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Less than two hours’ drive from Queenstown lies a moto playground in the snow. Here’s our ride report with Snowmoto NZ.

“Yeeew! Sunshine and powder bowls – what more could you want!” our tour guide Mat Cox from Snowmoto NZ whooped, his cheers muffled by his helmet.

The murky snow clouds we’d been cautiously picking our way through for the past hour had suddenly thinned and cracked, allowing weak sunlight to paint the contours of the winter playground we found ourselves in.

We were dwarfed by a huge rocky outcrop and imposing corniced ridge that towered above, while a jumble of snow-choked ridges, gullies, tussock, and rocky outcrops fell away below us. Directly in front of us lay a sweeping bowl of untracked, windblown powder that had settled during the storm that had just passed. Almost on cue, Mat’s KX450F roared to life, he clicked into gear, then surged his way into the bowl.

Our group of five riders followed suit, and moments later we were tearing wide, arcing slashes into the virgin powder. The front ski sliced almost effortlessly through the snow as the rear track churned us up the 45-degree slope, then with a smooth, controlled movement of the knees, the bike quickly pitched to the right, banking its way around the bowl. We circled back downhill to where we’d started, experimenting with a natural ski jump where a wind-drift had banked up on the side of a rock, then repeated the circuit.

I couldn’t stop grinning or help thinking this whole Snowmoto NZ experience was like something from another world. Here we were, deep in the Otago back-country with not another soul for hours, riding dirt bikes equipped with skis and tracks. We had a 3,000-hectare wintery world at our complete disposal, to explore its rocky chutes, frozen lakes, soft powdery faces, neck-craning ridges and wind-blown lips.

Being late in the season, the warming conditions had stripped some of the slopes back to unforgivingly hard ice. Jagged rocks lurked just beneath the snow, ready to snatch at the front ski. The tracks from previous tours had also frozen hard into unpredictable shallow trenches that occasionally grabbed at the front end.

Even the Snowmoto NZ bikes themselves – which felt familiar and foreign at the same time – were a challenge to master. While the controls were basically the same as a normal dirt bike (with the exception of no rear brake pedal, and the front brake lever being rerouted as a rear brake), they required a completely different riding style. Rather than simply turn the bars to go where you want, snow bikes require you to really lay the thing over with your knees, trust the tracks and get on the throttle, especially if you want to turn against the hill and start climbing.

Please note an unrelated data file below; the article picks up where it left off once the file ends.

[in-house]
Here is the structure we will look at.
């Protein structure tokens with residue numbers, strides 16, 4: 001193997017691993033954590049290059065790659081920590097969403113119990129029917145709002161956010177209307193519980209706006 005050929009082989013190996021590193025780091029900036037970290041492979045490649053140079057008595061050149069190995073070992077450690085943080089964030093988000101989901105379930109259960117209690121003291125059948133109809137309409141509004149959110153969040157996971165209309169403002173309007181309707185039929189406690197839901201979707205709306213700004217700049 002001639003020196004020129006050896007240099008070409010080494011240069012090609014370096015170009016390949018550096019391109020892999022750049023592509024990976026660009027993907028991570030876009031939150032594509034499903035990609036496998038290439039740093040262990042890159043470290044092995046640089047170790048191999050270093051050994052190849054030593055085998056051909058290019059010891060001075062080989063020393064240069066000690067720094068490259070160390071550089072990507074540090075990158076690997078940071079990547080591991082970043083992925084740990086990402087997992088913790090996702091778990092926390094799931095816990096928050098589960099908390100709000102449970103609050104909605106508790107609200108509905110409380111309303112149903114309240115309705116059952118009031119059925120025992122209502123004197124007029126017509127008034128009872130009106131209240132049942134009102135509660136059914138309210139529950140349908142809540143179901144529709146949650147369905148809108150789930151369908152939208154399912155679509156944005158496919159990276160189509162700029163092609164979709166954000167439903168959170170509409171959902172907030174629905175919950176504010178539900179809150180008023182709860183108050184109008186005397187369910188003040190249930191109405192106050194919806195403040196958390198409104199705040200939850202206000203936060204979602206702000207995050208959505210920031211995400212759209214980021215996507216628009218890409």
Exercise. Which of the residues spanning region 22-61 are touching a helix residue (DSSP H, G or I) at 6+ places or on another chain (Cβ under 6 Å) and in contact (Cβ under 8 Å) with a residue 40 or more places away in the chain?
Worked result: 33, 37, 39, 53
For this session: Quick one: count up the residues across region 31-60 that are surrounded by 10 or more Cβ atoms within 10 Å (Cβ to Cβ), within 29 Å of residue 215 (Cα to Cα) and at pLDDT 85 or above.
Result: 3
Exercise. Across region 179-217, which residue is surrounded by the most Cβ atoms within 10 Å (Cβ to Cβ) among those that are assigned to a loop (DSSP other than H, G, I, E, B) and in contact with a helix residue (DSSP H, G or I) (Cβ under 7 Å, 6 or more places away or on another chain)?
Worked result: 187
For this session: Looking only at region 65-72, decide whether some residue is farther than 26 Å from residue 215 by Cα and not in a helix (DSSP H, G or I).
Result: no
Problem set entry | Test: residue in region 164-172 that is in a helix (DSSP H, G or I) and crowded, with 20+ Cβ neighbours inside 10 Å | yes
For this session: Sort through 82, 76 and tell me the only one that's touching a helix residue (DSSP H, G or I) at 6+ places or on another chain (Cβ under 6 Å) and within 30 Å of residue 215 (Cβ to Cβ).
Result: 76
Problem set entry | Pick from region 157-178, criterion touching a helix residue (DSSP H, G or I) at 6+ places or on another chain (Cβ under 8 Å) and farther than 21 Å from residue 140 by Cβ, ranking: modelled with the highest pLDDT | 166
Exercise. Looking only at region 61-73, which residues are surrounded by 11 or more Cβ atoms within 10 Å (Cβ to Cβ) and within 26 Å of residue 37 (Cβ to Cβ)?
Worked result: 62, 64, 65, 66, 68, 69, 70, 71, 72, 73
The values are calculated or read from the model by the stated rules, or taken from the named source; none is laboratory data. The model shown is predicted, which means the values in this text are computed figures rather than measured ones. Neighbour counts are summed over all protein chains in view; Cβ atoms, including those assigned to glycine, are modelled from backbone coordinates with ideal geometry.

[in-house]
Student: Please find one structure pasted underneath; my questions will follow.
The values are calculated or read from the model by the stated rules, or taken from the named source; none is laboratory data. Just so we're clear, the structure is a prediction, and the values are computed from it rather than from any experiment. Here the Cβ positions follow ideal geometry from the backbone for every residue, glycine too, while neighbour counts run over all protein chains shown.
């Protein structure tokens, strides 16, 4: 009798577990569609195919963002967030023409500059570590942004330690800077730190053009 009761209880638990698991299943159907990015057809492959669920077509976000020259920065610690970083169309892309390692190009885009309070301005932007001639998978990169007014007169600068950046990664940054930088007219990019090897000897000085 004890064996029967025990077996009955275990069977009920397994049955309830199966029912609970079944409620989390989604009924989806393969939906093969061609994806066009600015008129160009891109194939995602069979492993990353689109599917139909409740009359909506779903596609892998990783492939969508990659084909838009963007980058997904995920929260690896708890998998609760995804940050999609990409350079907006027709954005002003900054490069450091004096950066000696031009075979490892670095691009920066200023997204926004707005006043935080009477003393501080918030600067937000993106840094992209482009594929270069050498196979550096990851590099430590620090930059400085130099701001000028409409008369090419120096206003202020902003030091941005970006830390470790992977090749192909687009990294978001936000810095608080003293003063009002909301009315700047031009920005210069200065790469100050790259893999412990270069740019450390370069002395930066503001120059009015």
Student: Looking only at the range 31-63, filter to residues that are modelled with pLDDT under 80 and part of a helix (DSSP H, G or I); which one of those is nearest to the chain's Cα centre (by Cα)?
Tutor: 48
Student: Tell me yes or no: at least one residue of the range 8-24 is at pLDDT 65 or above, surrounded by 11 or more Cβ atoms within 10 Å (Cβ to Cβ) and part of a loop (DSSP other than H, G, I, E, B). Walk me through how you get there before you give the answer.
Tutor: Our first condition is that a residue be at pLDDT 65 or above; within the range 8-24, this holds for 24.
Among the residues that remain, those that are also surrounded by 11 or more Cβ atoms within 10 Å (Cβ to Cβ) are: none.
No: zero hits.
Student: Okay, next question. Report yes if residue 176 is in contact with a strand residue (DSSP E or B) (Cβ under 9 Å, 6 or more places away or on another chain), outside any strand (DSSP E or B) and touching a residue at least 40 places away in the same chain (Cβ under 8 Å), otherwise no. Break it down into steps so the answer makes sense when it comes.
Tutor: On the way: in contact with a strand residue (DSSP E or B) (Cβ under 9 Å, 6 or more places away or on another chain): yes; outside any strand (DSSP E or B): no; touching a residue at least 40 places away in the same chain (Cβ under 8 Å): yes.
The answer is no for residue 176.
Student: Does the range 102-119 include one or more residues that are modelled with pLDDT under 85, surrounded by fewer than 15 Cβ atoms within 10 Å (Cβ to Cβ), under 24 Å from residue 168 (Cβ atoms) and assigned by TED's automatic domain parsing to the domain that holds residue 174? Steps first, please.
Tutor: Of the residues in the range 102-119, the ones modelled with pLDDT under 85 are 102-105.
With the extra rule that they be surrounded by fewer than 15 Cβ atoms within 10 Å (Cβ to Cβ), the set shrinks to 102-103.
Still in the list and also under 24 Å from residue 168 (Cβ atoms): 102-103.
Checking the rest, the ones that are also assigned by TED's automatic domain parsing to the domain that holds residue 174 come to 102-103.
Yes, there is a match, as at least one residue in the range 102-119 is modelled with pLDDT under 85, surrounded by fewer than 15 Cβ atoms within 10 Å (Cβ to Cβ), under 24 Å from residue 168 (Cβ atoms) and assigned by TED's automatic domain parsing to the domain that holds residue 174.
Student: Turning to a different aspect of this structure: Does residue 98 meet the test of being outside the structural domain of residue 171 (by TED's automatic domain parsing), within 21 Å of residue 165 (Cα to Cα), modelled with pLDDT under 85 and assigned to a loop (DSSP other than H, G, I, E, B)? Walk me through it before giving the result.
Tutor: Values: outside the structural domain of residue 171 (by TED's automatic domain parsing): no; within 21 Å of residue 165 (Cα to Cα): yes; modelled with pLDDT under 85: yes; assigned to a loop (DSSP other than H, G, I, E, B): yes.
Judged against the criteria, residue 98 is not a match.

The usual trail-riders’ stance is also something to stuff in the bin for the most part. Sitting down lowers your centre of gravity, which keeps the bike feeling stable and tracking where you want to go. Standing and absorbing the hits with your knees does help when chopping through chattery wind-drifts or jumping, but for most other situations, saving the legs and sitting down works best.

“Whaddya reckon, fellas? Should we see how far we can follow the creek down, then try and find our way back up and over into the next valley?” Mat enquired.

After a unanimous thumbs-up, we dropped down into the valley, popping in and out of rolling ridgelines, then followed a frozen stream towards the snowline. Being late in the season, it wasn’t long before we were picking our way between fingers of tussock and toothy rocks, while deep, dark holes appeared along the creek, signalling the start of the spring snow melt.

As quickly as we descended, Mat turned his bike uphill, and we spent the next half an hour trying to piece together a rideable route from the valley bottom to the ridgeline. We leapfrogged from one pocket of snow to the next, being forced to turn back a couple of times when we either ran out of snow or the slope got too steep, even for the snow bikes.

Once we finally crested the ridge, another wide-open snow park dropped away before us, beginning with a sphincter-tightening drop between some rocky outcrops. The plunge off the ridge seemed ludicrously steep but without any hesitation, Mat dropped in, rapidly shrinking as he casually rode down the slope into the bottom of another powder bowl. I took a deep breath, trust the engine-braking, don’t touch the rear brake, stay centred on the bike and keep pointing downhill.

I immediately felt the roller-coaster effect as my insides lifted and pushed against my lungs. The engine braking began barking so I clicked up a couple of gears and let the Kawasaki gather speed and glide down the untouched slope, to stop beside Mat. It was almost too easy, but looking back, it seemed ridiculous to see our tracks sliced into the virgin snow.